How Do I Count The Ways? Part One – Sales Quotas
This week I begin a three-part series focused on helping your sales team meet and exceed their quota. The first post that follows focuses on quotas, the following week we will discuss the important role that best practices play in ensuring team and company success, and finally we will tie everything together with using the best tools for capturing best practices to maximize return on investment (ROI).
Sales quotas — either you love them or you hate them. Quotas are easy to love when you consistently beat your number from month-to-month. However, they can be an area of great consternation and stress when you are short of your number and you have to scramble five days before the end of the month to close as many deals as possible just to reach quota.
Sales quotas are quantitative goals set by managers to measure and compare the performance of individual salespeople and sometimes teams. Quotas help determine compensation and are critical to revenue projections and growth. Major types of quotas include volume-based, profit-based, and combination quotas.
Sales quotas come in all shapes and sizes. In fast-growing organizations with a strong product set or outstanding solution, quotas are usually set higher and then adjusted up or down based upon market demand and historical success. In more mature businesses with established sales and years of sales data, quotas are more predictable and consistent. All quotas, regardless of type or size, are directly tied to projected revenue and company growth expectations.
Forecasting is an important tool for setting goals, but even the best and brightest sales managers make predictions that miss the mark. Since outside forces beyond control impact the overall economy, comparing results to past performance is one of the most reliable metrics of success. Shift focus from “results vs. forecast” to “results vs. history.” With a closer look, managers may determine that their forecasting methodology is off, rather than the sales team.
As your companies prosper, so must the sales team. It’s important to ensure compensation systems are designed in a way where sales reps make money when the company does. If teams consistently hit quota, but don’t see much reward for their hard efforts, they won’t be hitting quota much longer. On the other hand, overpaying sales reps for low numbers provides zero motivation to close more deals.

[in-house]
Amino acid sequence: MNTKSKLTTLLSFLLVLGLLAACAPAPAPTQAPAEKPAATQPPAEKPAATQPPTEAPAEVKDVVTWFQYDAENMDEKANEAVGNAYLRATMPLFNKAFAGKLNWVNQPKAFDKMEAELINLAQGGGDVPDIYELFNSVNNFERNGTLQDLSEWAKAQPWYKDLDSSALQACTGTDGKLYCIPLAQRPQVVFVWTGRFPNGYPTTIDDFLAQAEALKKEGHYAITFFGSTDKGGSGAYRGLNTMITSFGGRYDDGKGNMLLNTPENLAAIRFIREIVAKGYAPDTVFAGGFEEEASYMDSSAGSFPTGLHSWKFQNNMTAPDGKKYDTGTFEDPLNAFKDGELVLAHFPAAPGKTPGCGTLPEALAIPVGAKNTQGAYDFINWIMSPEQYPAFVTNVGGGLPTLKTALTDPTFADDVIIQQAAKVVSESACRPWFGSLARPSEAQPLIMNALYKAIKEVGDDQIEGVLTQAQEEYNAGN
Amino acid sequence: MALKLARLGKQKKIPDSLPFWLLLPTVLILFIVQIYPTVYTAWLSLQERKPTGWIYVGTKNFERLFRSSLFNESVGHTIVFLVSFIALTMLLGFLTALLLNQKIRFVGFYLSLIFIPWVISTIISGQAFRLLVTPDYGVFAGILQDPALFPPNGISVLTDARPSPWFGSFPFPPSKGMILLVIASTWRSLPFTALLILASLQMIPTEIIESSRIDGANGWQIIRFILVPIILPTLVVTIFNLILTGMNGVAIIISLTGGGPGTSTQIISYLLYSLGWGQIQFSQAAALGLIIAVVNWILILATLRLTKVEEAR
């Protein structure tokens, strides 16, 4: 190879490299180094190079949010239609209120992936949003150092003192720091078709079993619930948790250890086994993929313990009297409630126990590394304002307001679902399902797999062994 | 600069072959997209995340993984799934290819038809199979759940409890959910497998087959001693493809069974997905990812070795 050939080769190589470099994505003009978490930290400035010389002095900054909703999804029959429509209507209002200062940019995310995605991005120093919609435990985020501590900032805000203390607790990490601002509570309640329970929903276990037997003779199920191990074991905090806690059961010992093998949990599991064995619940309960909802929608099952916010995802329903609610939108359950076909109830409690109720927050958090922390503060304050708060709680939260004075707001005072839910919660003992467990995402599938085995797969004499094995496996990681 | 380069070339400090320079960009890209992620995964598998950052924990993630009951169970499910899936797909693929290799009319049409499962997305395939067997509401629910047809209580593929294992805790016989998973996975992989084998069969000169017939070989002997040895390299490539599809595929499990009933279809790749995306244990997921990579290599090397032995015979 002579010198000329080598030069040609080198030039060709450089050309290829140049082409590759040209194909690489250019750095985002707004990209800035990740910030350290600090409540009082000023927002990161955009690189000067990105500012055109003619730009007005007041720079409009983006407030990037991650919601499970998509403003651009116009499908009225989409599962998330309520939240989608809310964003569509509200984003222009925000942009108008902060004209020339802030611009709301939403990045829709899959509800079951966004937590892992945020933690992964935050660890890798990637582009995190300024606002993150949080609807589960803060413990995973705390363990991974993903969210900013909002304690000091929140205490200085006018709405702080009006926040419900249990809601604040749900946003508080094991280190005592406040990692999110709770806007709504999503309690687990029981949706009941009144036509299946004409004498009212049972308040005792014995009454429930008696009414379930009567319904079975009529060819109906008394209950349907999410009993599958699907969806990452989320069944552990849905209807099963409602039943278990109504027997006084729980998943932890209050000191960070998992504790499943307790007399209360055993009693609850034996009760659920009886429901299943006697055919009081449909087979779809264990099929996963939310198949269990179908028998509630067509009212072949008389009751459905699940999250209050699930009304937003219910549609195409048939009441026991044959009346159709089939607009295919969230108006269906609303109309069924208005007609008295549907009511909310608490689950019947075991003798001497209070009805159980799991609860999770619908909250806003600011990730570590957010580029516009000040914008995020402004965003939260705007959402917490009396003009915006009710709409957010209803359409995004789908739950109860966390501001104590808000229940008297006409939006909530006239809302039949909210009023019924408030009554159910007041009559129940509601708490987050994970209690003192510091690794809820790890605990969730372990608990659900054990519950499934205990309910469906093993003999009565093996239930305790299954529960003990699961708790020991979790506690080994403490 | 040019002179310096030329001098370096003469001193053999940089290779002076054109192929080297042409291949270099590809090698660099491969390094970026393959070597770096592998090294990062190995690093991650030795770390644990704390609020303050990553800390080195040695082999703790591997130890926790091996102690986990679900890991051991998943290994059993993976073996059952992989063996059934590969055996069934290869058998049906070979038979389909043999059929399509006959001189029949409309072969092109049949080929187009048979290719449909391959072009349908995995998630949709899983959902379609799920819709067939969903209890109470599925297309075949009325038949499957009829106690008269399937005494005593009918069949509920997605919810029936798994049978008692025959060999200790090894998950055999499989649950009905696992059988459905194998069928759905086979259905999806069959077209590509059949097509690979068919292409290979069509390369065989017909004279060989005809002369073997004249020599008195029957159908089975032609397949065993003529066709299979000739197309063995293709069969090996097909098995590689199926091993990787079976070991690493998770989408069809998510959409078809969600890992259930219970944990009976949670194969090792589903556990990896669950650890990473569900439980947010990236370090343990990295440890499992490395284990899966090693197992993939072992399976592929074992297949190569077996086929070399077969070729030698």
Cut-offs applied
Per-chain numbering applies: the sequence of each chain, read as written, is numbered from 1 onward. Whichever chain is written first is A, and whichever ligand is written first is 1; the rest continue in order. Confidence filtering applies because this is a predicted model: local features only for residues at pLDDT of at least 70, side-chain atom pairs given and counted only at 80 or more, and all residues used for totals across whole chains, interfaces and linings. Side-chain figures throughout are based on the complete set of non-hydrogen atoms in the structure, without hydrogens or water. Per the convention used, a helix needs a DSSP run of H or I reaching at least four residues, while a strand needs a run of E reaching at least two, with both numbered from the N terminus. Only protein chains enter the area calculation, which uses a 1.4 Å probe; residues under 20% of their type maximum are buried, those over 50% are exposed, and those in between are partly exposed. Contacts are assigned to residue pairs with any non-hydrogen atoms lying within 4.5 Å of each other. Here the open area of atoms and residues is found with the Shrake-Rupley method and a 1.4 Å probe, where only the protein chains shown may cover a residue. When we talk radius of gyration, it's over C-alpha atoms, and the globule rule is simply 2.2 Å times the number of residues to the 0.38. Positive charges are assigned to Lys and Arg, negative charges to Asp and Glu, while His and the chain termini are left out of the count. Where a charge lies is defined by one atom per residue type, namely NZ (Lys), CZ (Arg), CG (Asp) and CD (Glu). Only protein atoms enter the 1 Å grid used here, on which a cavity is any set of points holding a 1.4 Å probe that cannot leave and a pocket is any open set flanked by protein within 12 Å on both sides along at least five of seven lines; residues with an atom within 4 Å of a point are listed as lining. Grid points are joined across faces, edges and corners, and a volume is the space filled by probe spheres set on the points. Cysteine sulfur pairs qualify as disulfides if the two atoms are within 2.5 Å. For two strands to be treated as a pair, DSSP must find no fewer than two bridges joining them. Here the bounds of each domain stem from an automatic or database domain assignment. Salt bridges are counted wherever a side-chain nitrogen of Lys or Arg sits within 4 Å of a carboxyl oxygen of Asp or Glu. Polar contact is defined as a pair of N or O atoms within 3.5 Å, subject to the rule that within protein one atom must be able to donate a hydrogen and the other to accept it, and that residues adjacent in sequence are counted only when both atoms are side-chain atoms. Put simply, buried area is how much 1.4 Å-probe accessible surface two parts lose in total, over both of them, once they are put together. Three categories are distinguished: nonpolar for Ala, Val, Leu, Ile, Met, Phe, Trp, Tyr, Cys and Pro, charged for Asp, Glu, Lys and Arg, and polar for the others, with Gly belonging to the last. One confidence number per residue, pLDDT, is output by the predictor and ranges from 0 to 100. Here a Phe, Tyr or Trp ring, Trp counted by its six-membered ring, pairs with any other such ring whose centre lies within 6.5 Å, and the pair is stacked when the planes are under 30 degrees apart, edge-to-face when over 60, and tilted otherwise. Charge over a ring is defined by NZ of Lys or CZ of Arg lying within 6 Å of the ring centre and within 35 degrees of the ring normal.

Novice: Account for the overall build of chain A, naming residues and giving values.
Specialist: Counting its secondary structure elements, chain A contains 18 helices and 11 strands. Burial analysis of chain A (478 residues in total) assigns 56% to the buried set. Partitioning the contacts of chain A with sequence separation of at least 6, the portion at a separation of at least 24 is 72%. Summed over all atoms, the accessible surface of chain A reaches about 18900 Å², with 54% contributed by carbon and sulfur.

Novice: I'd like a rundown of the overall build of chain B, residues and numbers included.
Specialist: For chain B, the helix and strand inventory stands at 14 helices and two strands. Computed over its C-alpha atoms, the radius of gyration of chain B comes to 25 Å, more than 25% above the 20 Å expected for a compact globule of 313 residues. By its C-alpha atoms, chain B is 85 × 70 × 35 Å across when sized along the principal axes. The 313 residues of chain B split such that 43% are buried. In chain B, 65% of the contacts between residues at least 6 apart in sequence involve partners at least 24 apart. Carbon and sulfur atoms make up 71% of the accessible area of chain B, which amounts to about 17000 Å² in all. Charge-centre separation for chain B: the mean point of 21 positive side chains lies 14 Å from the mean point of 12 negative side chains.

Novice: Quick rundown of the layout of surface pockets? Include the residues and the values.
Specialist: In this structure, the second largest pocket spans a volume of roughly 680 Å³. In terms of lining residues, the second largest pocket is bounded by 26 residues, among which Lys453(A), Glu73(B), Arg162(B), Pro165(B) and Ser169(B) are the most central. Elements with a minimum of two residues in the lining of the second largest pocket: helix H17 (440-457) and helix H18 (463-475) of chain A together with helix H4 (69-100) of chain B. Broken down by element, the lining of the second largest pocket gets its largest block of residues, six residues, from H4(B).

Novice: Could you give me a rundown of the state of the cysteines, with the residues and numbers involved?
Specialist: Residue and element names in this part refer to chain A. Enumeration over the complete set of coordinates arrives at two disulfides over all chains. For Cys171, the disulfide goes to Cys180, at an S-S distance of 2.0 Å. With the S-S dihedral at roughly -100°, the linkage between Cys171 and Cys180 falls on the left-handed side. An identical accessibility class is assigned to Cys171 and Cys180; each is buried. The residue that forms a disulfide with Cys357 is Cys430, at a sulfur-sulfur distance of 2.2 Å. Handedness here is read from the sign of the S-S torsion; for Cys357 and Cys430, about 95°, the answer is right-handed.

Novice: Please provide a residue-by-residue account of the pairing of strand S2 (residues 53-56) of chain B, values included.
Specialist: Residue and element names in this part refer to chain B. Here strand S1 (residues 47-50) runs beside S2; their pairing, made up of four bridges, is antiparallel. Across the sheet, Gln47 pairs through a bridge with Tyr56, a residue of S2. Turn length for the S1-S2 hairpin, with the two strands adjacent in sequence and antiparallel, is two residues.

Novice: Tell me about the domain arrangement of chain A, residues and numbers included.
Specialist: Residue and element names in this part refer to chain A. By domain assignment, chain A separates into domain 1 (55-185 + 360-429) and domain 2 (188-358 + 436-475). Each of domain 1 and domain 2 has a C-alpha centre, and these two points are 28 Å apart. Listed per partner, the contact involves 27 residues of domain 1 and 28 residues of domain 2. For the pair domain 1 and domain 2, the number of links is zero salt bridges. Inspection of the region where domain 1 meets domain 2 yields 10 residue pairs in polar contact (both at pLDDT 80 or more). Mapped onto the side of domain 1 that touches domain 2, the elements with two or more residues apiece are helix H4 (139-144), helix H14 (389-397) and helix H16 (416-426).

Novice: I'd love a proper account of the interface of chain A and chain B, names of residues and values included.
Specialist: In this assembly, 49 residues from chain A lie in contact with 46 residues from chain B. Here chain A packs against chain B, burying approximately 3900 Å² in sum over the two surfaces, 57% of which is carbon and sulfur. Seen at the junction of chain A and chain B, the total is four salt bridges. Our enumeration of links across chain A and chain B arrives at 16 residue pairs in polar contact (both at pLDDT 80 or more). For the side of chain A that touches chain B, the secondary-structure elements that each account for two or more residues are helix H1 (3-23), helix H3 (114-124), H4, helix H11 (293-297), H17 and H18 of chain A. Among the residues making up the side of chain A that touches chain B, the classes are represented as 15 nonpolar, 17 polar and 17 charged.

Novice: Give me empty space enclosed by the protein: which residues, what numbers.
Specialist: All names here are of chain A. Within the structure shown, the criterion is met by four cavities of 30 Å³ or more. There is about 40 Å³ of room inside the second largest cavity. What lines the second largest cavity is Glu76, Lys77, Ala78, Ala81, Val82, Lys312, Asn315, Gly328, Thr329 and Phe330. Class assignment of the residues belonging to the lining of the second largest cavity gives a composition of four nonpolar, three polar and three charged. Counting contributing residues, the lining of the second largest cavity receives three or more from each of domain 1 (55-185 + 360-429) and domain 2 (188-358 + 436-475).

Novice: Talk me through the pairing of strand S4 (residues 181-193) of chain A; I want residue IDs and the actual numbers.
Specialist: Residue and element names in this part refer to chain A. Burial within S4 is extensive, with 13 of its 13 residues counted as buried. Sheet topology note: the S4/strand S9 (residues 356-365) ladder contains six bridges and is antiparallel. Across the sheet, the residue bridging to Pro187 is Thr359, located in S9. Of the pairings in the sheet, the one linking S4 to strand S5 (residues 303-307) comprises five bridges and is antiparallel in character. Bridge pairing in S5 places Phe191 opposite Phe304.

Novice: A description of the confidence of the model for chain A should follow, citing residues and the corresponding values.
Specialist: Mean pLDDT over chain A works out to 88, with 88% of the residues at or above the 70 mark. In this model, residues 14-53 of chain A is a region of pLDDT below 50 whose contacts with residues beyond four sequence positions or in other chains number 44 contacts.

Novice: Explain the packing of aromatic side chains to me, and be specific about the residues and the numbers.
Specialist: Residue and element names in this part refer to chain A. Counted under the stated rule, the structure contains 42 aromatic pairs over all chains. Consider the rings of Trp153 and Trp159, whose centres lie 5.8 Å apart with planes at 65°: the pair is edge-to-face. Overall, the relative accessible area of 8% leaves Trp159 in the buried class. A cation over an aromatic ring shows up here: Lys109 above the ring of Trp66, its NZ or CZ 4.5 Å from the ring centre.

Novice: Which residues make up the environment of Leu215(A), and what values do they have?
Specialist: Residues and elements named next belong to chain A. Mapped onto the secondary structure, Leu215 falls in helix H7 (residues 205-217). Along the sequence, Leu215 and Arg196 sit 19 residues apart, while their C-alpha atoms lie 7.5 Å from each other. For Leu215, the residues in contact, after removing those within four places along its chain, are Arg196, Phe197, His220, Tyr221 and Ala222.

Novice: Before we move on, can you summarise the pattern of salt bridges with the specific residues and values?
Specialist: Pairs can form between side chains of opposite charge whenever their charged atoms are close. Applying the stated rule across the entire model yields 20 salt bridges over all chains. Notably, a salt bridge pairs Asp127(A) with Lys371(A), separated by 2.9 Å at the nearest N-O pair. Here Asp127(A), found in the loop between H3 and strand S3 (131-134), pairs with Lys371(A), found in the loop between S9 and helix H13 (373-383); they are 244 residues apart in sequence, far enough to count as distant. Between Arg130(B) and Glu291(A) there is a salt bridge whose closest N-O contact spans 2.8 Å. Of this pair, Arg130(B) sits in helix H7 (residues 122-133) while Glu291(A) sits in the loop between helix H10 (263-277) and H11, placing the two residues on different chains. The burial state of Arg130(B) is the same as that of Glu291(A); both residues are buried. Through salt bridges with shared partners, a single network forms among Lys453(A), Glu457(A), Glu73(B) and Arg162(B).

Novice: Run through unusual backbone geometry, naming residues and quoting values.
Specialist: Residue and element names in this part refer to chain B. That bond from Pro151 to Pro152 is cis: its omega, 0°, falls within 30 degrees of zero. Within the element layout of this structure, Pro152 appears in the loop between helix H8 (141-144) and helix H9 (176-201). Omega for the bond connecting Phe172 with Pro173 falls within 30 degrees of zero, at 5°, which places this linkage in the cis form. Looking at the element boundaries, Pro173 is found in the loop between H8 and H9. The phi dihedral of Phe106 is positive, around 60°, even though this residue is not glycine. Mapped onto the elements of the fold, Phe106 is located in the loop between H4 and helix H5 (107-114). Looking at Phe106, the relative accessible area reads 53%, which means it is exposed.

Identifying what is working and doing more of that, as well as recognizing where help is needed, is the only way to eliminate the stress of trying to reach a higher sales quota. Use the fear and doubt of failing to meet quota as a catalyst and watch how fast your sales increase. So what are some easy ways to help sales teams meet their quotas?
- Identify what is working and increase it. If data shows that a certain amount of new leads were prospected per month, it’s then easy to calculate how many more monthly prospects are needed to generate higher numbers. If you’re generating X amount of sales from 40 outbound sales calls per day, then increasing to 50 per day can make a huge impact on increasing revenue.
- Identify what is not working and fix it! Getting to key decision makers, but the pipeline is not moving? Maybe qualifying questions need to be reworked. If you are struggling to get new leads, then your social selling and lead generation skills need work.
Here at InterviewStream our sales guru, who also happens to be our Chief Revenue Officer, Steve, sets quotas based on historical and industry data, recent quarterly sales, and vast experience of selling for more than 25 years. What do some of our key sales people think about quotas?
“Sales is a numbers game, and the consistent way to assess performance within a sales organization is by evaluating which team members meet their quotas”, says Jessica.
A good sales rep aims to meet their quota, but a great sales rep views a quota as the unacceptable minimum standard and aim to double or triple the number enforced by their managers.
Seen as a progress report a sales quota provides great opportunity for reflection on what went well or was effective, or where one can improve or ask for help, adds Josh.
As Steve always reminds us, “A ‘quota’ is really a guide, your sales Sherpa. Quotas can be positive and negative and quotas can run your life. Mastering the ability to hit your quota is a continuous process. You can arrive, however, your journey never ends. How individuals view ‘quotas’ will tell you volumes…”
If you don’t know where you are going, you’ll end up someplace else. ~ Yogi Berra
By Dr. Chip Pike, Chief Product Officer of InterviewStream
Dr. Chip Pike has worked in business and education for over 25 years with vast experience in delivering measurable improvements to product development, knowledge management, performance evaluation and technology optimization.
Throughout his career, Chip has served in a variety of leadership roles relating to technology, learning and product development, during which he oversaw day-to-day operations and led significant technological advancements and innovations for the likes of Quality Learning, Community Education Partners (CEP), and Accelerated Learning Solutions (ALS).
In addition to his rich educational background, having received a total of four degrees, including his Ph.D. from The University of Miami, Chip brings a passion for technology and research to his role leading the top product innovations at InterviewStream.